Scalping the scalpers
Tickets have been sold out at the Masters since 1972, but if you're willing to spend a lot more than face value for a badge ($200 for all four tournament rounds), you can still go.
In Georgia it's legal to resell or "scalp" tickets provided you follow the local ordinance. In Augusta, that means you can buy or sell badges as long as you're 2,700 feet (about half a mile) from Augusta National property.
Last year, the Richmond County Sheriff's Office gave warnings on the first day of the tournament to those violating the local law and made six arrests by the end of the event. A total of 43 tickets were seized, a department spokesman said. If you're found guilty, the misdemeanor crime is punishable by a fine of up to $1,000 and/or a year in jail. Fines last year were $750 apiece.
To save money, wait to buy from sellers the afternoon of the tournament day.'
Knowing the law is just one important tip to scalping Masters tickets, says golf fan David Fein of San Francisco. If you want to save big bucks, Fein says you should wait to buy them until the afternoon of the tournament day.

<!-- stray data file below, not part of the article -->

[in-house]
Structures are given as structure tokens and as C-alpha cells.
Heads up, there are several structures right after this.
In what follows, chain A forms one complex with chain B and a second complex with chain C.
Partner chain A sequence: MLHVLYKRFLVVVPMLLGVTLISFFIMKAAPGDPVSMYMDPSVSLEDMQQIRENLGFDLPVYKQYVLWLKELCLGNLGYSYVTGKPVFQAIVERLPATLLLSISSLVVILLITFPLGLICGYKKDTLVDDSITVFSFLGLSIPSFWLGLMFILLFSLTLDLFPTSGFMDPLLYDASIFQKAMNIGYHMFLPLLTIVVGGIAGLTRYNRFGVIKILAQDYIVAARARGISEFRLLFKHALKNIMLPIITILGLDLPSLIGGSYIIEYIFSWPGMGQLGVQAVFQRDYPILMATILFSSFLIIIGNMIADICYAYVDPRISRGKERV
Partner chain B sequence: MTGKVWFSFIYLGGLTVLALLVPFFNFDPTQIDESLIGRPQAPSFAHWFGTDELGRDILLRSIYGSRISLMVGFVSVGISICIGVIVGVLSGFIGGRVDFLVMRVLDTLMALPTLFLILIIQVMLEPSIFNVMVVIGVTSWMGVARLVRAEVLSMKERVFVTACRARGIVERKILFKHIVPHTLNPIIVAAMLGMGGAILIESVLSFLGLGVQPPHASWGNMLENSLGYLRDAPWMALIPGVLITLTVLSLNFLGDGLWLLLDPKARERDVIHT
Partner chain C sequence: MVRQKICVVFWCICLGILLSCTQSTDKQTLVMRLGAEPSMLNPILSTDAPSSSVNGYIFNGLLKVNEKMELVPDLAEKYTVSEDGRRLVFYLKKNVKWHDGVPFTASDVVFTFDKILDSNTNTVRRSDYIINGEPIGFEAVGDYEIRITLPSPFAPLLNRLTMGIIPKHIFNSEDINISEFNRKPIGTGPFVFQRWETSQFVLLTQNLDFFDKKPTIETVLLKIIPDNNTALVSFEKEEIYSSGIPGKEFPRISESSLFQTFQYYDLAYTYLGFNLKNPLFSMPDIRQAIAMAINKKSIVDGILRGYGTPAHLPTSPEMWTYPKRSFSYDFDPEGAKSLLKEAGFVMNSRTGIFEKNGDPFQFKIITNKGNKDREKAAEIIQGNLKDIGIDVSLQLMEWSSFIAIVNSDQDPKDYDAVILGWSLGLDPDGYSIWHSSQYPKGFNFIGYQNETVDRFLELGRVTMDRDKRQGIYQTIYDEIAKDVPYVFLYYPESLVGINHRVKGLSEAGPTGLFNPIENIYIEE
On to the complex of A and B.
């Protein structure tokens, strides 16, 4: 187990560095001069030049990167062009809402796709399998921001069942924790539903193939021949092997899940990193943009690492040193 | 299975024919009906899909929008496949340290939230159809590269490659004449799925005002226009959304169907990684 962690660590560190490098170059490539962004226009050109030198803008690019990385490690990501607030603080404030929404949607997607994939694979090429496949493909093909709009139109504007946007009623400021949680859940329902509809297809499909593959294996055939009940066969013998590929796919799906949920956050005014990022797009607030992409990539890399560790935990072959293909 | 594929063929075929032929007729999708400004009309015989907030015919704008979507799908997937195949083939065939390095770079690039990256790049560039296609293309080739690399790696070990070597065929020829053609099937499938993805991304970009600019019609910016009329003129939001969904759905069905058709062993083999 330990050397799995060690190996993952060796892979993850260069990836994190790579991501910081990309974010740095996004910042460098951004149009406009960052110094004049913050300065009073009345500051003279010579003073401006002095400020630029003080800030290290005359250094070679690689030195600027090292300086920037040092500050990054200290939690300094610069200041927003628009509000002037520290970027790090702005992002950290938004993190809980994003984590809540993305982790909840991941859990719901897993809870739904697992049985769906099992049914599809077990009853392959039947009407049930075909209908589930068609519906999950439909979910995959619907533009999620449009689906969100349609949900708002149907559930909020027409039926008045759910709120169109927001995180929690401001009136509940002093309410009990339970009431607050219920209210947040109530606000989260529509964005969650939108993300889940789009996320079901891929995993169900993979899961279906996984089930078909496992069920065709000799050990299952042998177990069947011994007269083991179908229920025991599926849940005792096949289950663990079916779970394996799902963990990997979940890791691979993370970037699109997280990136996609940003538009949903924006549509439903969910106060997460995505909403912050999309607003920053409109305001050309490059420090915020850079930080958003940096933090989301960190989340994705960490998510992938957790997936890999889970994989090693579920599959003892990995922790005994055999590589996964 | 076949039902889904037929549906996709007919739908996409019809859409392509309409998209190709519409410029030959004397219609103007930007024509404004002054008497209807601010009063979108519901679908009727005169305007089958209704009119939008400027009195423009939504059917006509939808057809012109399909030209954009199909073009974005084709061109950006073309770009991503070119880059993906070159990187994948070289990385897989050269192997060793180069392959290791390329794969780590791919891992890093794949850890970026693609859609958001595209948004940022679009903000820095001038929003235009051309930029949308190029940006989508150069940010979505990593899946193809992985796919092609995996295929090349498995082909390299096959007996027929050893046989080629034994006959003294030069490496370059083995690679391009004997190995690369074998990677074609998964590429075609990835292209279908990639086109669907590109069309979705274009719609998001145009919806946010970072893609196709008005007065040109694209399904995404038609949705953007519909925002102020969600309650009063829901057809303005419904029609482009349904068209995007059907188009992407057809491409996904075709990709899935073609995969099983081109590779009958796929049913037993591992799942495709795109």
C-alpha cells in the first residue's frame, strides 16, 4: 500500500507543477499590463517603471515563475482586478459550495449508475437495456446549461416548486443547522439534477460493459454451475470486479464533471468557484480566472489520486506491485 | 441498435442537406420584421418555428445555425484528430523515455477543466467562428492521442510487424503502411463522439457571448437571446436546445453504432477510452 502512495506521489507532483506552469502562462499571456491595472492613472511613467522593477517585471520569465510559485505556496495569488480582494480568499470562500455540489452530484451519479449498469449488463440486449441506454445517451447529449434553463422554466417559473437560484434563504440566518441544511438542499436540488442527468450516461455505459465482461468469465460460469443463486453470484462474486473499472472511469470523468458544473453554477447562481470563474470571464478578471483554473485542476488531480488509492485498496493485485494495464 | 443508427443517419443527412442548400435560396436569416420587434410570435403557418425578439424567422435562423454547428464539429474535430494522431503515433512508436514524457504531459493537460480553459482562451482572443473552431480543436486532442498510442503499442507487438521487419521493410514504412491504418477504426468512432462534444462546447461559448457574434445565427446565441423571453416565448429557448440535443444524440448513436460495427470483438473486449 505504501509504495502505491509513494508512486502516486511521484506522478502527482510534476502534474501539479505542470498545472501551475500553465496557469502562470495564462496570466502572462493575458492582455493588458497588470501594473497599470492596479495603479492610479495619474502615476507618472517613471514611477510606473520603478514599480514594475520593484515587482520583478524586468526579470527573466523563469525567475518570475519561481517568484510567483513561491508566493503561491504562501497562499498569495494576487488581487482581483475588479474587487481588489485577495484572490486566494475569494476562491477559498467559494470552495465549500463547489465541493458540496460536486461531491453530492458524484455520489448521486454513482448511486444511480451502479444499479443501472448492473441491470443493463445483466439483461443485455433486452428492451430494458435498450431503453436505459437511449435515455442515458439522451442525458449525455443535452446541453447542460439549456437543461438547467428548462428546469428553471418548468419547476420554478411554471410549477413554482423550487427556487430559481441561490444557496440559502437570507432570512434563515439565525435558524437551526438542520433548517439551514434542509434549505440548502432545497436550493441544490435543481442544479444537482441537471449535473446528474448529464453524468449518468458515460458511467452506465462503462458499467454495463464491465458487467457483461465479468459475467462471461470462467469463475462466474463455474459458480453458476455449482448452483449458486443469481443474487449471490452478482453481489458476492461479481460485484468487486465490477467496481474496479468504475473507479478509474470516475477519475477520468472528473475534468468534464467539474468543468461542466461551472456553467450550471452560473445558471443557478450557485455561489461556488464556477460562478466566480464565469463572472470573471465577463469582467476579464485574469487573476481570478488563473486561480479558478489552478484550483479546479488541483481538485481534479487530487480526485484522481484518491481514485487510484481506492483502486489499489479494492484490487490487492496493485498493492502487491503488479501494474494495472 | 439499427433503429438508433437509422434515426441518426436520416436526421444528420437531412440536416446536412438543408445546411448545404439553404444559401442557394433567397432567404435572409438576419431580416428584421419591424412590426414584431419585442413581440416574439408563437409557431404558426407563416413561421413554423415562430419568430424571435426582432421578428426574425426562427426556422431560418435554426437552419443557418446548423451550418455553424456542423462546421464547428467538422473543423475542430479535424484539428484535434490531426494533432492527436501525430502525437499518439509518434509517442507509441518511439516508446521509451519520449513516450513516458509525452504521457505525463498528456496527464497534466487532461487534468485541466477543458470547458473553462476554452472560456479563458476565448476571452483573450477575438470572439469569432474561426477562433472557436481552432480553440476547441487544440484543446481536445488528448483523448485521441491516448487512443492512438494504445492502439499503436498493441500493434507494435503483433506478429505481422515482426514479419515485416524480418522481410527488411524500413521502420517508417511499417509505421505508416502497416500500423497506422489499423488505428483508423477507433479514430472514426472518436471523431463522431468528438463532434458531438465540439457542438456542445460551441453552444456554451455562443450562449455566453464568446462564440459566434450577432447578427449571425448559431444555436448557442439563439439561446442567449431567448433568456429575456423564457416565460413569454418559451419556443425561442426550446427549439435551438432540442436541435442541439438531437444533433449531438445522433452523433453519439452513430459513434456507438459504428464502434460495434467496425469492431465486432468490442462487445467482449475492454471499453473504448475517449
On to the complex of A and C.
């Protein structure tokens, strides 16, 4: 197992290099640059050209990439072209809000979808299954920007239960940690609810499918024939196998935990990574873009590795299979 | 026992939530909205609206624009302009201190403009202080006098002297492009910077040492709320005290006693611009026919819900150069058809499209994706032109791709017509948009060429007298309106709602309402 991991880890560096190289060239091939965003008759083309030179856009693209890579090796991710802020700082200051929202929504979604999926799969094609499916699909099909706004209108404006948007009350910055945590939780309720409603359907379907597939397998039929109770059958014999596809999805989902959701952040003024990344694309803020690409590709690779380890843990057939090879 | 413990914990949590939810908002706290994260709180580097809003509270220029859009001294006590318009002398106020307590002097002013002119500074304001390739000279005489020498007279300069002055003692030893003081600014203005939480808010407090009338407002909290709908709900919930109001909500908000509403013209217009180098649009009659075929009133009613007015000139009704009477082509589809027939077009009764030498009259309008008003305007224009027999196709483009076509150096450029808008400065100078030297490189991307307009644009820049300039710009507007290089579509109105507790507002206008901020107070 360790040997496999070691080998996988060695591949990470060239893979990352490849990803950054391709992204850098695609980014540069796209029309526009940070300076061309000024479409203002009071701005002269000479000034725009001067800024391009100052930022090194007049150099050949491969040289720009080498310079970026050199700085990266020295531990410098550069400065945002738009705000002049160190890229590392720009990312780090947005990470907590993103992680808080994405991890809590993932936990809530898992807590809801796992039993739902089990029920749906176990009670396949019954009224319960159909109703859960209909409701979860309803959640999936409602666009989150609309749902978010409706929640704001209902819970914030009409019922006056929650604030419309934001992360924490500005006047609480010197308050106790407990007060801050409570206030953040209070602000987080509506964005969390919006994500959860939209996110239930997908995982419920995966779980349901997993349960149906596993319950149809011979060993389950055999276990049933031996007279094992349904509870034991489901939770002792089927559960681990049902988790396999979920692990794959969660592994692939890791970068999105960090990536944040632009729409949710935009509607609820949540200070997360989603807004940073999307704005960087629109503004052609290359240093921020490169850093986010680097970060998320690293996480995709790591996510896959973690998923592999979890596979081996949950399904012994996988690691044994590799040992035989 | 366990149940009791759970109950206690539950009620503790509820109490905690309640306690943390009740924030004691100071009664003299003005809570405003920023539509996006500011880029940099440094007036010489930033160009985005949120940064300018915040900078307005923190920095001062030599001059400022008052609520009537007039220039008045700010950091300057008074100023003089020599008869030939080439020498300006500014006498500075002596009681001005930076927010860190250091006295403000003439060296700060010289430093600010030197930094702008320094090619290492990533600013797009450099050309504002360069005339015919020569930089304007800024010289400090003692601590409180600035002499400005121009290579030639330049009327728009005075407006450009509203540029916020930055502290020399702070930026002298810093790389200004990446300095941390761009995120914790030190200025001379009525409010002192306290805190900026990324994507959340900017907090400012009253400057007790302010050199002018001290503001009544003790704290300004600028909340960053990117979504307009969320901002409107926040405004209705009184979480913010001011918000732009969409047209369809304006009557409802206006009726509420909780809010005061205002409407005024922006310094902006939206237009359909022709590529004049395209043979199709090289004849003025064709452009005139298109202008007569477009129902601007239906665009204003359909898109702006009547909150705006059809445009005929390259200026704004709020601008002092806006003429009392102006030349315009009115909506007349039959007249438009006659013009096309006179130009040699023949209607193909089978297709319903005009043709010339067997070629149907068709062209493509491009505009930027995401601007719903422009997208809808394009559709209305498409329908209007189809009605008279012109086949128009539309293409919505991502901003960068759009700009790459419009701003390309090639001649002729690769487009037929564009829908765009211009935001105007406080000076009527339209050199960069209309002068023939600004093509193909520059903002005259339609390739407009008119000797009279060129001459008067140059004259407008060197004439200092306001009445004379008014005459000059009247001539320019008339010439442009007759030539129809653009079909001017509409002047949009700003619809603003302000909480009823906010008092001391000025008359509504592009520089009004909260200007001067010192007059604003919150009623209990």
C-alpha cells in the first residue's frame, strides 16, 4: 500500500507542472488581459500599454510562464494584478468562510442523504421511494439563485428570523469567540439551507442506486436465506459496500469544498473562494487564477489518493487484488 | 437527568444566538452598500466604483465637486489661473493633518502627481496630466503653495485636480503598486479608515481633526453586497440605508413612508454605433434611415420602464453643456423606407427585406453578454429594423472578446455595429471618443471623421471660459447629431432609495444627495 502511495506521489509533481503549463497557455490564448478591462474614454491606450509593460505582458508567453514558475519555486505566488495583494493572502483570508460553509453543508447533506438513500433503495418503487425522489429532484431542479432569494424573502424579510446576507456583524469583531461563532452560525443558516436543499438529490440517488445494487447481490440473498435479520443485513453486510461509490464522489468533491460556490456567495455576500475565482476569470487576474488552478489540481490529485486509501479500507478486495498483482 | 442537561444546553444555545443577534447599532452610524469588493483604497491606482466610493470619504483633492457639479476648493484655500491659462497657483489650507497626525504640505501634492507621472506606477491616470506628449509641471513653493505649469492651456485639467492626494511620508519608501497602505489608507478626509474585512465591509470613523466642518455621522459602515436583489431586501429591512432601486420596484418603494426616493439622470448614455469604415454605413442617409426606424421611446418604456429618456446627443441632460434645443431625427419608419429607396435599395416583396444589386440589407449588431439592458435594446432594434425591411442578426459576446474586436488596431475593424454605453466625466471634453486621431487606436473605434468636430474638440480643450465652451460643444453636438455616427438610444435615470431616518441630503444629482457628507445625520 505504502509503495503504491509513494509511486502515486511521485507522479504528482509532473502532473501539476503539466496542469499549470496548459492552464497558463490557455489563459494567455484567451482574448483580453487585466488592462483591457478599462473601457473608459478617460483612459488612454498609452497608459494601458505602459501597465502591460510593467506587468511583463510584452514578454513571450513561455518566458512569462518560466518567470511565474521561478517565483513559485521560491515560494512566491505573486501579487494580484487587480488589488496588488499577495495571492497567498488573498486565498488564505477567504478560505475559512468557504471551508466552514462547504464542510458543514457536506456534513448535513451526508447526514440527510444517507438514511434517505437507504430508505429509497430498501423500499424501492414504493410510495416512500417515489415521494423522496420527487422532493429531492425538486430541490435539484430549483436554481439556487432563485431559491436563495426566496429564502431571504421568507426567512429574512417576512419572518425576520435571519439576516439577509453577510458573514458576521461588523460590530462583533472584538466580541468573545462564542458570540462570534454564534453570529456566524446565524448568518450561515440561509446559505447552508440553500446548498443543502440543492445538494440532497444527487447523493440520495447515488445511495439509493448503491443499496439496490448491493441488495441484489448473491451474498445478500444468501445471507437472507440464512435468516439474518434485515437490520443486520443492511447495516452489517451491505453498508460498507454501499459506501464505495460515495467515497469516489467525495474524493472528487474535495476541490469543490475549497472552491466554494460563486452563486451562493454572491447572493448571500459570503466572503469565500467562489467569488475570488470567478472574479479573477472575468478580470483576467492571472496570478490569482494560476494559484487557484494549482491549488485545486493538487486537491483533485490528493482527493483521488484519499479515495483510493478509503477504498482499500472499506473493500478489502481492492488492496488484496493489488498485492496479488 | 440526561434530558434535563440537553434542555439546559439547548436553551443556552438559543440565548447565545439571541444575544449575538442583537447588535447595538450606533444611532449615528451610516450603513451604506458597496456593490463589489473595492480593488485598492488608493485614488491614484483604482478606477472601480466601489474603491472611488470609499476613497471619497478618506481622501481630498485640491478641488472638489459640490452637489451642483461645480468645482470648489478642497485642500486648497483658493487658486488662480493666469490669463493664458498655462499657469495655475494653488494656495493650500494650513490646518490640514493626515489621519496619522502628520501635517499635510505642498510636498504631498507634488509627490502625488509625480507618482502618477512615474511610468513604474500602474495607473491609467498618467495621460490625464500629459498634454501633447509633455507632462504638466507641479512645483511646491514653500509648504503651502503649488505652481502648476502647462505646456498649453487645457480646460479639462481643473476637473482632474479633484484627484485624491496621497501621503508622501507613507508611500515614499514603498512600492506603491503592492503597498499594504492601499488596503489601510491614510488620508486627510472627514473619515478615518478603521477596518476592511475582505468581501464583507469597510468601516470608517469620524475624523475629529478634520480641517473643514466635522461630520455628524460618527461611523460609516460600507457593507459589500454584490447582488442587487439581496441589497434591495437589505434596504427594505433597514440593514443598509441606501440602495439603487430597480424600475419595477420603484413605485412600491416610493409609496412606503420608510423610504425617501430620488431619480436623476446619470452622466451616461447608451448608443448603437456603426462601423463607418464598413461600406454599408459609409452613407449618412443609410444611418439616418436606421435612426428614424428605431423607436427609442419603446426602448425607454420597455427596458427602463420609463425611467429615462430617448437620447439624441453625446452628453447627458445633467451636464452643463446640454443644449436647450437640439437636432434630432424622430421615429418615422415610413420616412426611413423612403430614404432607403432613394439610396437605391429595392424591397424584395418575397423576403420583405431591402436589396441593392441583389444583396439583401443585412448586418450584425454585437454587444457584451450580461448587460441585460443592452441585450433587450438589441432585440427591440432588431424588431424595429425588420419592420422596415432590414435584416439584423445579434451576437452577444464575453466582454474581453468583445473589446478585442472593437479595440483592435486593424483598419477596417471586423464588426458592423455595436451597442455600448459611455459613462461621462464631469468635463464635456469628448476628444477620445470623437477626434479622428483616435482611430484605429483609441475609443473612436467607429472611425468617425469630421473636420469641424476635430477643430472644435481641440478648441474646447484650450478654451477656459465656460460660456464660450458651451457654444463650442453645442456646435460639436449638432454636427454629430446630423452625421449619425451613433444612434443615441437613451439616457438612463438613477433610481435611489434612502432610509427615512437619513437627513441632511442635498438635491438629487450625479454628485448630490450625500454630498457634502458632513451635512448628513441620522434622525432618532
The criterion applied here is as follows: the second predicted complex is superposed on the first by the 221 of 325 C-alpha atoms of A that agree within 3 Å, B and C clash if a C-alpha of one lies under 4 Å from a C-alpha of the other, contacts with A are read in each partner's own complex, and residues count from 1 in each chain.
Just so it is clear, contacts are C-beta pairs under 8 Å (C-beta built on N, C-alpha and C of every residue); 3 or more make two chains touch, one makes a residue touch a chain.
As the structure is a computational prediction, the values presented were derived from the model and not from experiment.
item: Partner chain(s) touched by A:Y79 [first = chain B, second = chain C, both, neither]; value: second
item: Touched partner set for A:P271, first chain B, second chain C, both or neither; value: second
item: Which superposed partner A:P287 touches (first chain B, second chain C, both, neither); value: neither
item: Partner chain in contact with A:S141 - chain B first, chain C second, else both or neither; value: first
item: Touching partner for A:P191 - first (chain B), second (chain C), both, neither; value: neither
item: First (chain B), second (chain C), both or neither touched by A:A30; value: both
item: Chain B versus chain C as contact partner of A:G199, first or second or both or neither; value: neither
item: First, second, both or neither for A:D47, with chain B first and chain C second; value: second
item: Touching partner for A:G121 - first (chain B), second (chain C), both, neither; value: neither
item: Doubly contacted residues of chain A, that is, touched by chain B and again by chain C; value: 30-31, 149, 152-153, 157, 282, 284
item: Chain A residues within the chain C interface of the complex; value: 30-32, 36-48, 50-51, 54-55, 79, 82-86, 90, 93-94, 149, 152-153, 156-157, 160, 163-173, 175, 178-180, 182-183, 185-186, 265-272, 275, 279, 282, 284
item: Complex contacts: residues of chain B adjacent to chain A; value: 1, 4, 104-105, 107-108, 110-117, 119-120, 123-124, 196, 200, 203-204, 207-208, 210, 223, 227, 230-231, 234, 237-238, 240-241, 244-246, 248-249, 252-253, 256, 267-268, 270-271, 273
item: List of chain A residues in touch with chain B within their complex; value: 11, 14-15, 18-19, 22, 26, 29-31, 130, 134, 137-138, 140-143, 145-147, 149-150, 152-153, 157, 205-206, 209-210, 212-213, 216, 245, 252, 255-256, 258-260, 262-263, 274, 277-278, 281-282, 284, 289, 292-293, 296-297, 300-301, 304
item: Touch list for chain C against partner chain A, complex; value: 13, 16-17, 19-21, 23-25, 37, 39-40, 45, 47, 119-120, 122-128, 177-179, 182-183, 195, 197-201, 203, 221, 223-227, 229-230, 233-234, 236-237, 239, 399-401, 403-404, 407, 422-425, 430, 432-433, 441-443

Fein decided on a moment's notice last year to attend the event Friday through Sunday. He didn't have a badge, so he spent time each day negotiating with scalpers before getting inside the gates.
"On Friday and Saturday the asking price in the morning was $1,000, and on Sunday it was $2,500," he says. "I didn't want to pay those kinds of prices, so I waited until the brokers were anxious to sell." By waiting until the afternoon each day, Fein says he paid $350 on Friday, $450 on Saturday and $400 on Sunday. Fein estimates he saved more than $3,000.
"And most of the action is in the afternoon, anyway," he says. In early February, the cheapest single-day ticket to this year's Masters on stubhub.com was $850. For practice-round tickets starting in 2010, see "Tickets" at left.
WAKE-UP CALL: Hotel revenue in Augusta for April 2007 was $11.8 million, which is 265 percent more than an average month in the city.
IN MEMORY: MISSING A FAMILIAR VOICE:
For 60 years, in a voice barely louder than casual conversation, Phil Harison would stand on the first tee at the Masters and announce each compet-itor. If you were close enough, you might hear, "Fore, please. Jack Nicklaus now driving."
Last April, a few weeks after attending the Masters, Harison died of natural causes at age 82.
Harison, who became a member at Augusta National when he was 21, had attended all 72 Masters. He was also an accomplished golfer. In an interview with Golf Digest Editor-at- Large Nick Seitz in 2007, Harison said he once got four shots from Ben Hogan and beat him. Then they played the next day, straight up. He also played sev-eral times with Bobby Jones and made aces in separate rounds with Nicklaus and President Dwight Eisenhower. -- Ron Kaspriske